appear resolute and reluctant to provide fodder for skeptics, U.S. officials rebuff questions about failure with a mix of optimism and evasion.
Over the years of U.S. involvement in Iraq, new plans have been launched with assurances of success -- the return of sovereignty to a handpicked Iraqi administration in the summer of 2004; a democratically elected government in January 2005; "Plan Baghdad," designed to retake the capital from insurgents and militias, in the summer of 2006. The current Plan A is arguably already Plan D or beyond.
Since last summer, public opinion has turned against Bush's handling of the war and favors withdrawing, rather than increasing, troops. Although the administration has said the new strategy should show progress within months, many officials privately say it could be years, if ever, and the Democratic majority in Congress has shown little inclination to wait patiently.
Any substantive administration planning for other contingencies is occurring at the margins of policy, far from key decision-makers. "Planners plan, but I don't think anyone is saying, 'Let's do the partition,' or 'Let's pull back and let Baghdad burn,' " one Pentagon official said. "That would be a tectonic shift. That would be catastrophic failure."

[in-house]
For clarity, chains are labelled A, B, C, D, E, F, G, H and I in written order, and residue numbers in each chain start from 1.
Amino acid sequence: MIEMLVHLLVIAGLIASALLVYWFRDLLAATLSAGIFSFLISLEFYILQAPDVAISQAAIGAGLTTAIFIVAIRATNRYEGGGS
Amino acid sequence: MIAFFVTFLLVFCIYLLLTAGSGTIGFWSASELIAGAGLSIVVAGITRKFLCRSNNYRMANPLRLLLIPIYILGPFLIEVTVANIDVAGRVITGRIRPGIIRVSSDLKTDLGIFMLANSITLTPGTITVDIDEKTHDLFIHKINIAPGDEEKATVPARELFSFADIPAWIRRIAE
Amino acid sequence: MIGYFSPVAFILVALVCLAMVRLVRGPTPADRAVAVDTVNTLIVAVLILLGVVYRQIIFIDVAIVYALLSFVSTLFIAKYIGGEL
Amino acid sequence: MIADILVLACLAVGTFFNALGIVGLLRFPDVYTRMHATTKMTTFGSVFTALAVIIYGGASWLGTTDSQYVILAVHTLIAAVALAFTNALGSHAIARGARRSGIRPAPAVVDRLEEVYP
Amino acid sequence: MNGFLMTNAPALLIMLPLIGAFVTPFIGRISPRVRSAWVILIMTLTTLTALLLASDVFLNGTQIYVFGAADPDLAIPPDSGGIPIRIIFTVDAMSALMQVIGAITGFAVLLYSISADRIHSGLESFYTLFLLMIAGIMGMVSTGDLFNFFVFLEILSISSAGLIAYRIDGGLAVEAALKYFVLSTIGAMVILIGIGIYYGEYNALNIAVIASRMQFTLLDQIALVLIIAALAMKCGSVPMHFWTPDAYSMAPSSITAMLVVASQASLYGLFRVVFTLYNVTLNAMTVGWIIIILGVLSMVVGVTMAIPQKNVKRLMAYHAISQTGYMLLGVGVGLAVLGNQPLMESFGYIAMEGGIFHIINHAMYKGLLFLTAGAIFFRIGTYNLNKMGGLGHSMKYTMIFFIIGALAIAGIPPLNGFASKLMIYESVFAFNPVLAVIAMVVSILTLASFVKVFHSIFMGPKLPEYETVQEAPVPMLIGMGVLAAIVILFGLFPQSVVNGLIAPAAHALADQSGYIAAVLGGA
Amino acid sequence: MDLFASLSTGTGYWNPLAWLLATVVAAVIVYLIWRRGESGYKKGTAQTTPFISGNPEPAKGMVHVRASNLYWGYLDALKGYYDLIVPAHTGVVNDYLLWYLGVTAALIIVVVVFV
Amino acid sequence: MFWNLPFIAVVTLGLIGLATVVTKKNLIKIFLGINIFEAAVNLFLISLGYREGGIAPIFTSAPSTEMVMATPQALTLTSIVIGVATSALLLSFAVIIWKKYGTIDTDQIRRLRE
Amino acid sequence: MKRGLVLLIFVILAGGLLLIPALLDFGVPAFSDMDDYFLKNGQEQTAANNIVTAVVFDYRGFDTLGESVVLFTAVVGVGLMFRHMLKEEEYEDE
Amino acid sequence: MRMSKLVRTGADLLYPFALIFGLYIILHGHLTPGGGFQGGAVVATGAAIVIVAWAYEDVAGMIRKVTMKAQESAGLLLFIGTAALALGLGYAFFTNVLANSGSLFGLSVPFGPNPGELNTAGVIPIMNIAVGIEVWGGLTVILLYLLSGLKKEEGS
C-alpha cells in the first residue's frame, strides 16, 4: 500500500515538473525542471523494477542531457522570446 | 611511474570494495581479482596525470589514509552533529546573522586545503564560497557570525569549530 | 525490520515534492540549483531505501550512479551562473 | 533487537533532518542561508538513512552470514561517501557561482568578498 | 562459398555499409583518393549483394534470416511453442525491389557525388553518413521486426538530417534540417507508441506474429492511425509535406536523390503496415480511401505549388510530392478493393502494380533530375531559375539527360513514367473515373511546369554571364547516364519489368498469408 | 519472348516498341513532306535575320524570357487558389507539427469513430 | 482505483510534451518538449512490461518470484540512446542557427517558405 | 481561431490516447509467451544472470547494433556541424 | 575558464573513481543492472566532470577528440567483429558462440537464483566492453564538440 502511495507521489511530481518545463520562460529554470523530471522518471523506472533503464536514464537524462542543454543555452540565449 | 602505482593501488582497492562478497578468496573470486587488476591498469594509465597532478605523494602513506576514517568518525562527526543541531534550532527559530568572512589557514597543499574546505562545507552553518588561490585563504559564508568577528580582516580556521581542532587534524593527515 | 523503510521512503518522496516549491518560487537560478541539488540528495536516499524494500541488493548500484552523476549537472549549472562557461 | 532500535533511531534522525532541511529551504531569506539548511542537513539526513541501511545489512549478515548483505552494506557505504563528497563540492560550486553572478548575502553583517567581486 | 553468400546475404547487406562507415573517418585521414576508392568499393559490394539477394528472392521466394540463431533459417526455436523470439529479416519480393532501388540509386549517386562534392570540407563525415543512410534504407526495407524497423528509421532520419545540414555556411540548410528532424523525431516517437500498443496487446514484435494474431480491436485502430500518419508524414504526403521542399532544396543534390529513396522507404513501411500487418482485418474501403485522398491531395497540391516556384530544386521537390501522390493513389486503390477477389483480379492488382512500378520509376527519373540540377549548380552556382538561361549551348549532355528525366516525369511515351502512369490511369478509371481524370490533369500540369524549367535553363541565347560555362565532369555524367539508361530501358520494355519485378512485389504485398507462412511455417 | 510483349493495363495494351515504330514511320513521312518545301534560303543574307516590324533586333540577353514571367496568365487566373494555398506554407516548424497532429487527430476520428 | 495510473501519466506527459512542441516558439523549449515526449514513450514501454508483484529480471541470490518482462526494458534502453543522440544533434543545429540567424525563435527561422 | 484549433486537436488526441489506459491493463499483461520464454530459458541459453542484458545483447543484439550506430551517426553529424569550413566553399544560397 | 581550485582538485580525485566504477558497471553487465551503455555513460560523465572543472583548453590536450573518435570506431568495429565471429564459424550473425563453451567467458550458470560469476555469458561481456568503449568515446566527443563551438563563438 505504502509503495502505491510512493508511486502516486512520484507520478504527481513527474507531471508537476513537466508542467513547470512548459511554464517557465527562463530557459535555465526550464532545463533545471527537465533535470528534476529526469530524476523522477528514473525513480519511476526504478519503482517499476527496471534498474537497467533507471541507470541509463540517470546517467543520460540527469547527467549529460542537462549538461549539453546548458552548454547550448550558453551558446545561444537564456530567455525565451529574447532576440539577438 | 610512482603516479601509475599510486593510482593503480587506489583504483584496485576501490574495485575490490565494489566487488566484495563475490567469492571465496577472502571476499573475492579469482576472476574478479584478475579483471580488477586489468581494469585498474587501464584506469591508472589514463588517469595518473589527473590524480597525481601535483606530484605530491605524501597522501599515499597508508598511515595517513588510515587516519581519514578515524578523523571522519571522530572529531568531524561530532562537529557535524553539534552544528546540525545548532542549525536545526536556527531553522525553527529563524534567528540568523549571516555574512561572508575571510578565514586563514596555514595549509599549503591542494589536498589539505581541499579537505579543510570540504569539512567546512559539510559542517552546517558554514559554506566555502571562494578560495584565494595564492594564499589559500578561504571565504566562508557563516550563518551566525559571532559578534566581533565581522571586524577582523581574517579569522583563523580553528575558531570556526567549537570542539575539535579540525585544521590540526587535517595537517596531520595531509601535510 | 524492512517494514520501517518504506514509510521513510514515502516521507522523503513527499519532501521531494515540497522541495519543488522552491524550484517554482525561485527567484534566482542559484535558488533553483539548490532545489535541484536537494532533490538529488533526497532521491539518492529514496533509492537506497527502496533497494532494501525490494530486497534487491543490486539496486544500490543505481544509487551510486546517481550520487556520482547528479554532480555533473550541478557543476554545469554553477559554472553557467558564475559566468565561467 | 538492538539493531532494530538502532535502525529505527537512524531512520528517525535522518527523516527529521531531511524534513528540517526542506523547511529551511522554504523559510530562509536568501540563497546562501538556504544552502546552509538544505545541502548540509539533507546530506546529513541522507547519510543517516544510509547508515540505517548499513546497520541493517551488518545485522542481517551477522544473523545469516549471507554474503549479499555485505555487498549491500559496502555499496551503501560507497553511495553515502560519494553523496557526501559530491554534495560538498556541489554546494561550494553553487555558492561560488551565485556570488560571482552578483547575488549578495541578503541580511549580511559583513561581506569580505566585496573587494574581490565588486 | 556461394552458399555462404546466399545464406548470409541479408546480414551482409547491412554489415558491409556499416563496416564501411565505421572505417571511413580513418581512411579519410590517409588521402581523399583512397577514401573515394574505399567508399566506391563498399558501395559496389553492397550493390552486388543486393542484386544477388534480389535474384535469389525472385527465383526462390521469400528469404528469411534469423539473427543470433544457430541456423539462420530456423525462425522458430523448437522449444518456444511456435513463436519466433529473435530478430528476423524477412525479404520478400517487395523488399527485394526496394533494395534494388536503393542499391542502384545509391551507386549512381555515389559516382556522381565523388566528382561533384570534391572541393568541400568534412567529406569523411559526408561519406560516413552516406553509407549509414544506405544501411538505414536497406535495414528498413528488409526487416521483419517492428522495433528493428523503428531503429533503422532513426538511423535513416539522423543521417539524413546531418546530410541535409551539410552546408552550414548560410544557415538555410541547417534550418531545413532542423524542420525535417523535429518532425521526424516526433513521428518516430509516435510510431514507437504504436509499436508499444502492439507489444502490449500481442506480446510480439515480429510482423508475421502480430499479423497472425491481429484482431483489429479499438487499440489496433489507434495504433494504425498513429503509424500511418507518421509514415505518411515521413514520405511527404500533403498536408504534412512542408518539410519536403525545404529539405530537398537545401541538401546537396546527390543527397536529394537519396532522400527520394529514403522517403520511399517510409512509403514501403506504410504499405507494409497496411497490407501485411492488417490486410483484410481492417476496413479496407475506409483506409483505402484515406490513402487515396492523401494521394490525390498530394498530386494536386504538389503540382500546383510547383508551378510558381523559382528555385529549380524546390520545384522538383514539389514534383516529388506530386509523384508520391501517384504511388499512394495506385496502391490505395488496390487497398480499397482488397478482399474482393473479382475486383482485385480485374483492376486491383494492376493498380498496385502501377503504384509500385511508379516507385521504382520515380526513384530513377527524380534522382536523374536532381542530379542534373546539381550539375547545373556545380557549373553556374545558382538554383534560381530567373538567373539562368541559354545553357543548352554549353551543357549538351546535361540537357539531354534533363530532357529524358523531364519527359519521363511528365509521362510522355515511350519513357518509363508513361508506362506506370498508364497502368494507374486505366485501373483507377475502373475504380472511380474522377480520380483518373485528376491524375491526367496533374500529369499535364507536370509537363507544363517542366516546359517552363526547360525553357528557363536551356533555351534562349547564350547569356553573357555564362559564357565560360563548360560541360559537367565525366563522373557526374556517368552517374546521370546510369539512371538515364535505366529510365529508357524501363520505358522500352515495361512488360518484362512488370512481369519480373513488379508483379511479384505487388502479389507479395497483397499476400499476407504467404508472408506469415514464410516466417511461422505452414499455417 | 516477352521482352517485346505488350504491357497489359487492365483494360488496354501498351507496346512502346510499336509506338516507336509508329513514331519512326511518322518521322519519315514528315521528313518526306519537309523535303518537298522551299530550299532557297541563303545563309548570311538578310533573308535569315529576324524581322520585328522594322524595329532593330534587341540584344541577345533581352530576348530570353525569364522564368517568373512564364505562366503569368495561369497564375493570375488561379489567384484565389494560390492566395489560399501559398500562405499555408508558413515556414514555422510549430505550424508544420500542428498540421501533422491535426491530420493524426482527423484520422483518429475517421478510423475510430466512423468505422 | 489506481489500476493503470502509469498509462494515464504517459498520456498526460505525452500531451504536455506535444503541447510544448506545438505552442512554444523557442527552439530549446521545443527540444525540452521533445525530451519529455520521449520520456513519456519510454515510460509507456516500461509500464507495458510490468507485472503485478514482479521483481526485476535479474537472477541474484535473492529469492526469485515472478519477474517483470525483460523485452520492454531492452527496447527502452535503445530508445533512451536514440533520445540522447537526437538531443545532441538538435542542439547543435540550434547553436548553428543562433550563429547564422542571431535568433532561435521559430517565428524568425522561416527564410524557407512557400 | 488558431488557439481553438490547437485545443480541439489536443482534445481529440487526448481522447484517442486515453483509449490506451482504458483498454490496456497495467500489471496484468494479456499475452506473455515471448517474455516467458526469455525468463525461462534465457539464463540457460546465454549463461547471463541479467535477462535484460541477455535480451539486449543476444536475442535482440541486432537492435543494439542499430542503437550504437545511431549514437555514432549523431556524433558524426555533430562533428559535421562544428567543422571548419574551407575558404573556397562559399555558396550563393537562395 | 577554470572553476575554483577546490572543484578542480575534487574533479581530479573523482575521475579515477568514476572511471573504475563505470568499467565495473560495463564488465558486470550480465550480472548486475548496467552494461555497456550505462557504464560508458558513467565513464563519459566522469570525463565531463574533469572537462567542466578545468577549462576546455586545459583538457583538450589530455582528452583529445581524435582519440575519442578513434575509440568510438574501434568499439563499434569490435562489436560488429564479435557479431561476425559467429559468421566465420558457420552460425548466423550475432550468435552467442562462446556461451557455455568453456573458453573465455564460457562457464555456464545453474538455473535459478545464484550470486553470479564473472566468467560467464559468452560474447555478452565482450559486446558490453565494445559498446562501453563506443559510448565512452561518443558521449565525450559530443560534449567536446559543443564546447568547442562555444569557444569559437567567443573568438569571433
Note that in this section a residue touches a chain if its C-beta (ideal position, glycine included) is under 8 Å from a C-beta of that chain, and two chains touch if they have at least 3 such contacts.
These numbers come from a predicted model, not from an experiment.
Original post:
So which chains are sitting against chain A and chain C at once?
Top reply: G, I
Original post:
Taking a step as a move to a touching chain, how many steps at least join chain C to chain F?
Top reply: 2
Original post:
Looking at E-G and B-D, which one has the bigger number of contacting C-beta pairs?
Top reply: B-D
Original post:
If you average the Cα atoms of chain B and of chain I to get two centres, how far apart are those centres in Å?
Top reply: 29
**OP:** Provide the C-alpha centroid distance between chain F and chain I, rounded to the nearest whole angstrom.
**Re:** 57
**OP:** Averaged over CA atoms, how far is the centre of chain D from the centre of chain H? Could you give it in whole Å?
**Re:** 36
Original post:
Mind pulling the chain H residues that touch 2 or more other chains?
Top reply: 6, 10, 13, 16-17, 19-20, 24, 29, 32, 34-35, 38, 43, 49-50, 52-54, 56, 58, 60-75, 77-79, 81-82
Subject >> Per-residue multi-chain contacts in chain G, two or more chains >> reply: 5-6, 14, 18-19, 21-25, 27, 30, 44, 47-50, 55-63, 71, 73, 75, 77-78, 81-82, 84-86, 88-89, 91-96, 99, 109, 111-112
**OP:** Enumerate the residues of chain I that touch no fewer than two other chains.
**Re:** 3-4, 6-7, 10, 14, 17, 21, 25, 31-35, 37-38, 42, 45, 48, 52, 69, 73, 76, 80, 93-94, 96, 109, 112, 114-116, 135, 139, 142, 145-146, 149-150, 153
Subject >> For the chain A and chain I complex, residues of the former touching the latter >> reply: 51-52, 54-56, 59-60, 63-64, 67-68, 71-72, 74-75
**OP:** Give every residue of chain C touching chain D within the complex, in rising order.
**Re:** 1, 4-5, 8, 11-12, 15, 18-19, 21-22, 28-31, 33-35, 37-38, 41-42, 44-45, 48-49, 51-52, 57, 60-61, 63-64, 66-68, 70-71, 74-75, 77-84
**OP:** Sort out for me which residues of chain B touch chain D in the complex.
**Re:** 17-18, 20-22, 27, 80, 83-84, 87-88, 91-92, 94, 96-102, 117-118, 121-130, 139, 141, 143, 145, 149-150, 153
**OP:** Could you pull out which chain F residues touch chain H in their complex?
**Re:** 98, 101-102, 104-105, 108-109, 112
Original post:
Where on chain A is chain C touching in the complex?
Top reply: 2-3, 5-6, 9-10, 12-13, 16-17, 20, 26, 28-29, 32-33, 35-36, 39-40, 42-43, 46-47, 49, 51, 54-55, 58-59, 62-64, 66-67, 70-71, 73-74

One military officer and another defense expert said they believe that retired Army Col. James Kurtz, a specialist in strategic planning, has been asked by the Pentagon to begin studying alternative strategies at the Institute for Defense Analyses, a government-run think tank.
Bush has warned that the U.S. commitment to Iraq is not open-ended and will require increased effort from Iraqis. Pressed to specify U.S. limits, Secretary of State Condoleezza Rice promised the Senate Foreign Relations Committee that there would be ample opportunity "to see whether or not in fact the Iraqis are living up to the assurances they gave us."
"And what if they don't?" Sen. John F. Kerry (D-Mass.) asked.
"I don't think you go to Plan B," Rice replied. "You work with Plan A."
Sunday, March 4, 2007
Why have a backup plan if you don't have any worries?
The Bush camp continues to run the Iraq war as a P.R. problem. Look confident and no-one will blame you for the ensuing chaos.